More than 27,000 homeowners in region have 'underwater' mortgages

California research firm says 17,208 single-family homes in Raleigh-Cary, 5,152 in Durham, and 4,812 in Fayetteville have mortgages that are higher than the property values. Another 20,000 are close to negative value. Meanwhile, latest sales data for January shows drop in home values and in number of closings.

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Declining equity values by region
RALEIGH, N.C. — More than 27,000 home owners with mortgages across the Triangle and Fayetteville have mortgages that are higher than their homes. And another 20,000 have properties that are close to being “underwater” or “upside down” in value.

Those are the grim statistics from analysis firm First American CoreLogic. Falling sales are pushing more home values in the Triangle region and across the country below the mortgages that are owed – thus the terms underwater and upside down.

More than 13 percent of homeowners in Raleigh-Cary, 16 percent in Durham and 20 percent in Fayetteville have mortgages that are underwater.

Not only are homes selling for less, but fewer are being sold, according to new data from the North Carolina Association of REALTORS.

Nationally, more than 8.3 million homes, or 20 percent of properties with a mortgage, are underwater, California-based CoreLogic reported. Another term used for such mortgages is “upside down,” meaning the owner owes more than the home is worth.

Equity in another 700,000 properties is within 5 percent of the mortgage amount, falling into a category the company calls “near negative equity.”

CoreLogic’s data is based on mortgage information about 45 million single-family homes across the U.S.

“The accelerating share of negative equity, combined with deteriorating economic conditions, means that mortgage risk will continue to increase until home prices and the economy begin to stabilize,” said Mark Fleming, chief economist at CoreLogic.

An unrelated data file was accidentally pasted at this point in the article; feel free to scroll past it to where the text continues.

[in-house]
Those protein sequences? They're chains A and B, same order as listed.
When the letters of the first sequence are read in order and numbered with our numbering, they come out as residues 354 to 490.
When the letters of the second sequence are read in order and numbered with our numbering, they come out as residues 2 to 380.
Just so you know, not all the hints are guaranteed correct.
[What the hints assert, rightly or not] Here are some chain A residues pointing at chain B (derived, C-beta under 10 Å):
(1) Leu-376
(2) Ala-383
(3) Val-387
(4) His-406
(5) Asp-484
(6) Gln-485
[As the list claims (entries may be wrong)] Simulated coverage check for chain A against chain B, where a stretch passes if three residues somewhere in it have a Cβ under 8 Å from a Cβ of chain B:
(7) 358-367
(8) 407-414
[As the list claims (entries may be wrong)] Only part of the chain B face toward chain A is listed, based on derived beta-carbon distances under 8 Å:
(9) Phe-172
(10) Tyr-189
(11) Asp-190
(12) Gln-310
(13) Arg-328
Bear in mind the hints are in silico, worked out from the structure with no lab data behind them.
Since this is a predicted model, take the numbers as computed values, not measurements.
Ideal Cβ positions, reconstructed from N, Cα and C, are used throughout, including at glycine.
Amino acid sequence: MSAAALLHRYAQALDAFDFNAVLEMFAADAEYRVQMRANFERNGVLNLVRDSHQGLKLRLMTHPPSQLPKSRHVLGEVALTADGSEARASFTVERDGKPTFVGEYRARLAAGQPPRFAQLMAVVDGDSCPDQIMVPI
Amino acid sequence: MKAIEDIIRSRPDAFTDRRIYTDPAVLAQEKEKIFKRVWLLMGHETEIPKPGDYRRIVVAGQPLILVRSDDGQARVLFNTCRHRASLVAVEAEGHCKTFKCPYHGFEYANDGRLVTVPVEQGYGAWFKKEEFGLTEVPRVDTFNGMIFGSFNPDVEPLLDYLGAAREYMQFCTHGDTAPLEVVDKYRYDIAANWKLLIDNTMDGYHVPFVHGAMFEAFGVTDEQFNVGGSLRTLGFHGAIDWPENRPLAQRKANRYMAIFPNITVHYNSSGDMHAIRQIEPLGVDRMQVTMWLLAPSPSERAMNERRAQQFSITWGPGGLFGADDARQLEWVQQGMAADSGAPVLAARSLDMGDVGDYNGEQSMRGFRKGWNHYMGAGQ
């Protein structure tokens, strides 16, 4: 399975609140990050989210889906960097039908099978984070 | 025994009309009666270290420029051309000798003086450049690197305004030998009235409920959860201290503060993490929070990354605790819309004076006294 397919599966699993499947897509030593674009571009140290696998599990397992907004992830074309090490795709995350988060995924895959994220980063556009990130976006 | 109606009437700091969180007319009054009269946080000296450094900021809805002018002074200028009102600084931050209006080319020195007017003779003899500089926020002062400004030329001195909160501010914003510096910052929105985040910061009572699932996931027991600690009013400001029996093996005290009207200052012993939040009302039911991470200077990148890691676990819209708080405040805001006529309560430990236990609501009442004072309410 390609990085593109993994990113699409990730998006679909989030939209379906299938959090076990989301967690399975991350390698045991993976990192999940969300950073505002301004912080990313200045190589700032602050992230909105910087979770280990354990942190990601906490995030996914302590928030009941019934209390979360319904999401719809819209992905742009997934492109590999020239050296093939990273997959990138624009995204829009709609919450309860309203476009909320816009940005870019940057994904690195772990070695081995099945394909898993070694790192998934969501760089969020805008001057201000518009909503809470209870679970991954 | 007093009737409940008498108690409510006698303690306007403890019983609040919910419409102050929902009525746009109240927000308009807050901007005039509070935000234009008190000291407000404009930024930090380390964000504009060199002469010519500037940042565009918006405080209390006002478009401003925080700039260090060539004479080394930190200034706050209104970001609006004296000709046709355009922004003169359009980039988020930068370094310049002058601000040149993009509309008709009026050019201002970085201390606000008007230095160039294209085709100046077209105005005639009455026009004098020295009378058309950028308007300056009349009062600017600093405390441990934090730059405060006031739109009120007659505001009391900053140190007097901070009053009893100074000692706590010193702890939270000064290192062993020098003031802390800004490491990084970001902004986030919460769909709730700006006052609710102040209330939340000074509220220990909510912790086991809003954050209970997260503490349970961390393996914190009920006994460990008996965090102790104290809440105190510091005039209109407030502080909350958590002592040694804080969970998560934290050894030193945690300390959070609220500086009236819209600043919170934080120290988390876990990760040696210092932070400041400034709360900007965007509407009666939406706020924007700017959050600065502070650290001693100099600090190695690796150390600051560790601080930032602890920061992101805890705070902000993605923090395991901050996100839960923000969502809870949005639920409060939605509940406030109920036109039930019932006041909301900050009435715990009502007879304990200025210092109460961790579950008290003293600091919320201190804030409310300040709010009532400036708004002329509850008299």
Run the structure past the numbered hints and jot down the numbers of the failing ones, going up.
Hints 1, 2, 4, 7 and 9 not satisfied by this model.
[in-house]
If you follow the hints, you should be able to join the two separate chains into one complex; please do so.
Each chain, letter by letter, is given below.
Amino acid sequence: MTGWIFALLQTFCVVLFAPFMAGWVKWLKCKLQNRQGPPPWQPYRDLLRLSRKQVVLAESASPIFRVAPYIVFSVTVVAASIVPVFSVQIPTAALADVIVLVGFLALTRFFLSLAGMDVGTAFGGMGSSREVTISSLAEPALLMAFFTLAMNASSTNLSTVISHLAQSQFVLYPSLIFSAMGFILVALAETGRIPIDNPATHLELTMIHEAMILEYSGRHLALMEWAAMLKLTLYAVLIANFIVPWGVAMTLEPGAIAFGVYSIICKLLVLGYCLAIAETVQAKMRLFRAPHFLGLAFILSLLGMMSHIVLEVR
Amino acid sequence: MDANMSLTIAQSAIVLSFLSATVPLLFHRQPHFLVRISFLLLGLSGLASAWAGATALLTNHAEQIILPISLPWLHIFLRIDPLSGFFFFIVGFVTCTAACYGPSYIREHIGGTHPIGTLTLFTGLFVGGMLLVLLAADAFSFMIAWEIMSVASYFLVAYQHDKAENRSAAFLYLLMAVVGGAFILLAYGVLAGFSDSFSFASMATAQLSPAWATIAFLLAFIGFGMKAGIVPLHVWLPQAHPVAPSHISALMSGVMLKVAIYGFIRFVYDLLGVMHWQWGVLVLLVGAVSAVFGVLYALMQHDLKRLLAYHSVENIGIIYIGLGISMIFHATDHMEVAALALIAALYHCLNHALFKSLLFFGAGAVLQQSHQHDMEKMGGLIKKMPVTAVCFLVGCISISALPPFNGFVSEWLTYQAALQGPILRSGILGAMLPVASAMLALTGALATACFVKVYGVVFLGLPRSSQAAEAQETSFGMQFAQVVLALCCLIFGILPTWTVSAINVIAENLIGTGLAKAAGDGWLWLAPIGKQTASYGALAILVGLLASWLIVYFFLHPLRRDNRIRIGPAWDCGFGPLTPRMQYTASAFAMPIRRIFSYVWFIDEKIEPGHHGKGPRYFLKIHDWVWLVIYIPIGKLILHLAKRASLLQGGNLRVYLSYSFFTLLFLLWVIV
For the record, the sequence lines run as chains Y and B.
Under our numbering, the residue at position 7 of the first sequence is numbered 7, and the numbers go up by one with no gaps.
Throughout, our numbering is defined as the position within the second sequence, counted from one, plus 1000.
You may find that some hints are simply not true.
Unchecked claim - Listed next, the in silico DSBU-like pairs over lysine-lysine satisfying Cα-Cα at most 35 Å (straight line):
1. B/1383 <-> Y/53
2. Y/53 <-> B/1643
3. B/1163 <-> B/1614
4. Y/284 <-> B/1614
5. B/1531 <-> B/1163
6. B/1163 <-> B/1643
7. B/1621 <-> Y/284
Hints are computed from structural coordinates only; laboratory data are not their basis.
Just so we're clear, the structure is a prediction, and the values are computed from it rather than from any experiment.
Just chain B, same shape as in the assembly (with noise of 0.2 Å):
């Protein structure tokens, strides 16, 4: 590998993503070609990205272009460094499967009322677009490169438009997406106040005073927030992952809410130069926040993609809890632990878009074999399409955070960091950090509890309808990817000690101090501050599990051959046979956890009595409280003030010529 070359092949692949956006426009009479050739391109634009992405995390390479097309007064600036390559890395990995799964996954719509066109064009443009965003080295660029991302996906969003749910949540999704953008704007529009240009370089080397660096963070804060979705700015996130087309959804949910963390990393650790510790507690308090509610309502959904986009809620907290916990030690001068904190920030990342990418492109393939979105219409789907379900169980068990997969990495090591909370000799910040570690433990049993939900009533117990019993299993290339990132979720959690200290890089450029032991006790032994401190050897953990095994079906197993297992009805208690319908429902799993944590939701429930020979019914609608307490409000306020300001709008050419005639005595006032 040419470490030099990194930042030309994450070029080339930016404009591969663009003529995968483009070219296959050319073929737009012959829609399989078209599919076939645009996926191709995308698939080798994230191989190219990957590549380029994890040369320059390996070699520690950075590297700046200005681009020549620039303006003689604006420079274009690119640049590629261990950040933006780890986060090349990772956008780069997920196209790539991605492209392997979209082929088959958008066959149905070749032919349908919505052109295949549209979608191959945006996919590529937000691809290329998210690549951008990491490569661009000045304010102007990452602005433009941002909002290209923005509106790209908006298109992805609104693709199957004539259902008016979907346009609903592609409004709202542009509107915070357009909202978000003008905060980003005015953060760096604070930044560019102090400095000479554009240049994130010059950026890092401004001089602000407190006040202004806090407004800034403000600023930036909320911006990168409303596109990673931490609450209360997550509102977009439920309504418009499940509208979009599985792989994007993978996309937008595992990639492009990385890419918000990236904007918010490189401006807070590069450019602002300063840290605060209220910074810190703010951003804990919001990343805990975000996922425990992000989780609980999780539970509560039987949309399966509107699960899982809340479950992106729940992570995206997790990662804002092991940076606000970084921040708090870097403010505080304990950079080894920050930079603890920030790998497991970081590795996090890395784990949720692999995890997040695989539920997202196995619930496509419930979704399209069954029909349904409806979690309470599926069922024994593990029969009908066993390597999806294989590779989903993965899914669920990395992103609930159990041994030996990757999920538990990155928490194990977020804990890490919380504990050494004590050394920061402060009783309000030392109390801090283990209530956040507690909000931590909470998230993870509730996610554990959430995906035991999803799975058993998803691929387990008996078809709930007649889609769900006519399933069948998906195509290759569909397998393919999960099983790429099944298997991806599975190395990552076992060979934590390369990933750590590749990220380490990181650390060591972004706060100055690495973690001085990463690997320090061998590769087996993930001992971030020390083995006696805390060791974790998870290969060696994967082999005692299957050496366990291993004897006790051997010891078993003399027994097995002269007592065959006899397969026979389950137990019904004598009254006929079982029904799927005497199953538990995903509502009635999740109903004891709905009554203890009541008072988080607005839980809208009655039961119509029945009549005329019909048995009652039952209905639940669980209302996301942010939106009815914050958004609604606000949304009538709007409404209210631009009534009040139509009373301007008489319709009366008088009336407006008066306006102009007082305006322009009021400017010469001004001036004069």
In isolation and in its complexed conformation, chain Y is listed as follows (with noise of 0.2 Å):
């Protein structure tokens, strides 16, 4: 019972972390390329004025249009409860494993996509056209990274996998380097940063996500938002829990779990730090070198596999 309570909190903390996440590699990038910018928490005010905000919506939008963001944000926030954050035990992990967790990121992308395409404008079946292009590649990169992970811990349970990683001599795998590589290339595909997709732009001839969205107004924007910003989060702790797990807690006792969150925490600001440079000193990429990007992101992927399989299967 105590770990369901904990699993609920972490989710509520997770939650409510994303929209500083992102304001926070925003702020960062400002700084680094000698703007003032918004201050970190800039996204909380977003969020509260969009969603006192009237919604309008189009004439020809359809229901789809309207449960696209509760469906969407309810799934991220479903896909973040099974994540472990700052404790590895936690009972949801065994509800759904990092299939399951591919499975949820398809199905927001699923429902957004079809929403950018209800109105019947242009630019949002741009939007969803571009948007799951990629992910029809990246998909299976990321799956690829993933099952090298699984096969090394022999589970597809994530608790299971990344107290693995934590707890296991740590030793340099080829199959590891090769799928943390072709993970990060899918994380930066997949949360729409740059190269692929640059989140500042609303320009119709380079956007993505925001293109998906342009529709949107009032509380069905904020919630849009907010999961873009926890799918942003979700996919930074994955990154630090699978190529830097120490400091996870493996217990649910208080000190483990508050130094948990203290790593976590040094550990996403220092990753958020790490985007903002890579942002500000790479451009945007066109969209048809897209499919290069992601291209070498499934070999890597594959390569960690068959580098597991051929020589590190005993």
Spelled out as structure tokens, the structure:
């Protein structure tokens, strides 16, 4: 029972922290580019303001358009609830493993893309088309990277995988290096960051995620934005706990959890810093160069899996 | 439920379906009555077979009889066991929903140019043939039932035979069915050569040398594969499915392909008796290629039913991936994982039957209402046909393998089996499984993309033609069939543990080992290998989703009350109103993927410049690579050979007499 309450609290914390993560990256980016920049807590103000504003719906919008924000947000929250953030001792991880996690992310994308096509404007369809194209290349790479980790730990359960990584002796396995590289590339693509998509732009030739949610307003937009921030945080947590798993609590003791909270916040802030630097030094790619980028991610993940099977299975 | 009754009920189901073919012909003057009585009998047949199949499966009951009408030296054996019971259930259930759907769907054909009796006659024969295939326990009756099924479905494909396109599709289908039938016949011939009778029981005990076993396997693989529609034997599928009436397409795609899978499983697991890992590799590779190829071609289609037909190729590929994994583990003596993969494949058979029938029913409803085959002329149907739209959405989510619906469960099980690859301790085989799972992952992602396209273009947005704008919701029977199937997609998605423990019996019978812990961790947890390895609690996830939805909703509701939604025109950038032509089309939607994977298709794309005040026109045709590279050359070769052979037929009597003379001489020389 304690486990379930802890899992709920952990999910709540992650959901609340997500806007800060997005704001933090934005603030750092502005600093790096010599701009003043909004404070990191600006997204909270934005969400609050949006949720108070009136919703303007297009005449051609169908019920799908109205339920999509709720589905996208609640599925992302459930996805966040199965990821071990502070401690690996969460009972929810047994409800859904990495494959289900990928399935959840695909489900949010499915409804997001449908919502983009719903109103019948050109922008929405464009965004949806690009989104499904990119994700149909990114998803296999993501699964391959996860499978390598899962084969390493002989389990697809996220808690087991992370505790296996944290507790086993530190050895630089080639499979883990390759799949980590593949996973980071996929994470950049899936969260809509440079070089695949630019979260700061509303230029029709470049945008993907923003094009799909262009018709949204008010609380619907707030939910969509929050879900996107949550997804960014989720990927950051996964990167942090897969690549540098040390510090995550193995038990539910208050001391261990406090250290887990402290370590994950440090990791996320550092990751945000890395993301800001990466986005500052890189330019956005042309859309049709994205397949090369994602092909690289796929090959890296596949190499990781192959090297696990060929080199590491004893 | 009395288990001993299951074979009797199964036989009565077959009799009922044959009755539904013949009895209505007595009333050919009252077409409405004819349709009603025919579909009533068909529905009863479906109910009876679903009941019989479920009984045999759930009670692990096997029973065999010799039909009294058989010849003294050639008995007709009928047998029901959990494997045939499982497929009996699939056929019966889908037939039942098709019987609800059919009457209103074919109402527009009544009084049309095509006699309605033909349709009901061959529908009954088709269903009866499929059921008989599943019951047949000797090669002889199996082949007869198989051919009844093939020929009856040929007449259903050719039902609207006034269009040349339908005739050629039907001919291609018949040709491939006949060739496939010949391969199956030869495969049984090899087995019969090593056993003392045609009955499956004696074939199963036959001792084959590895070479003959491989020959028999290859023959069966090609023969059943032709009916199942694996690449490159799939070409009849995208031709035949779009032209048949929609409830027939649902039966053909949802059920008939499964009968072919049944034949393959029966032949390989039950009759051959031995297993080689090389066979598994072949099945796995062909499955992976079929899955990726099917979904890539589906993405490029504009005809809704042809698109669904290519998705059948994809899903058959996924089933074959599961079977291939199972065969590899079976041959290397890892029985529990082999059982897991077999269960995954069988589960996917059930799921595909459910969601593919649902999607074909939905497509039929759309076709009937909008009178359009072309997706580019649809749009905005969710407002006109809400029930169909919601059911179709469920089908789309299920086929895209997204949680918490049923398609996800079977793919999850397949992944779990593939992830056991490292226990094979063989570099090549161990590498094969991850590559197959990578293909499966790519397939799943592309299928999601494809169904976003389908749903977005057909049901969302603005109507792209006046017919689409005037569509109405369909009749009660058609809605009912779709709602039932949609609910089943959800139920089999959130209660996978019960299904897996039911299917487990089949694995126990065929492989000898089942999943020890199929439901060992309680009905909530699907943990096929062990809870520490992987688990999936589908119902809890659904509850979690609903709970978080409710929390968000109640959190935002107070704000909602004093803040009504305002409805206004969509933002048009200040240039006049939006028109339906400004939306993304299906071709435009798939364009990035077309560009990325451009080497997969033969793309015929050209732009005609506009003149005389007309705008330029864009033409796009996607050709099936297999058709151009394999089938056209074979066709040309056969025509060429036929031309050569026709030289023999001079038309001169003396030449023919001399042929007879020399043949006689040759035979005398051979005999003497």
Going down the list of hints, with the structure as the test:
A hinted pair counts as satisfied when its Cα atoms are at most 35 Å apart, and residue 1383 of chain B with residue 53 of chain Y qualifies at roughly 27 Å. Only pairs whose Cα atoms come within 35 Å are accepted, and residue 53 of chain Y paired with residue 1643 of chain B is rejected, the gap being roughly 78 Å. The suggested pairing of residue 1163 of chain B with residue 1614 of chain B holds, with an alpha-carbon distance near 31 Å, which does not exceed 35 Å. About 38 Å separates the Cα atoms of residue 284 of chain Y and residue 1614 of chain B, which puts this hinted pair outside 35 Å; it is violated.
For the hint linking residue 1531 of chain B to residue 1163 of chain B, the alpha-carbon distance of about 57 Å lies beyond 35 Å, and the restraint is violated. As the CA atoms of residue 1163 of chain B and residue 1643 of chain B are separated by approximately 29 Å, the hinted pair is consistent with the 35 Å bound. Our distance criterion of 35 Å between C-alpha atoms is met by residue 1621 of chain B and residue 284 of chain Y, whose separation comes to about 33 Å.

In Raleigh-Cary, CoreLogic reported that 17,208 properties are underwater. That’s 7.6 percent of the homes in the firm’s data.

Another 12,687, or 5.6 percent, are at near-negative equity.

The numbers are worse in both Durham and Fayetteville.

According to CoreLogic, 5,152 homes, or 9.9 percent, are upside down in value. Another 3,202 are near negative.

In Fayetteville, 4,812 homes, or 11.1 percent, are underwater, CoreLogic reported. Near-negative properties number 4,093 or 9.4 percent.

The housing market in the Triangle, Fayetteville and across the state fell further in January.

According to the N.C. REALTORS data, only 879 existing and new homes were sold in the Triangle. That total is a 43 percent plunge from the 1,553 sold in January 2007 and is a 19 percent drop from last December when 1,089 homes were sold.

Housing values also fell, declining to $224,831. That’s a 4 percent drop from January 2007.

In Fayetteville, January existing home sales fell 28 percent from a year ago to 278. Home values did increase slightly by $575 to $118,750 from the previous year.

Across the state, home sales declined 36 percent in January to 4,044 from 6,363 a year earlier. Housing values fell 10 percent to $192,537.

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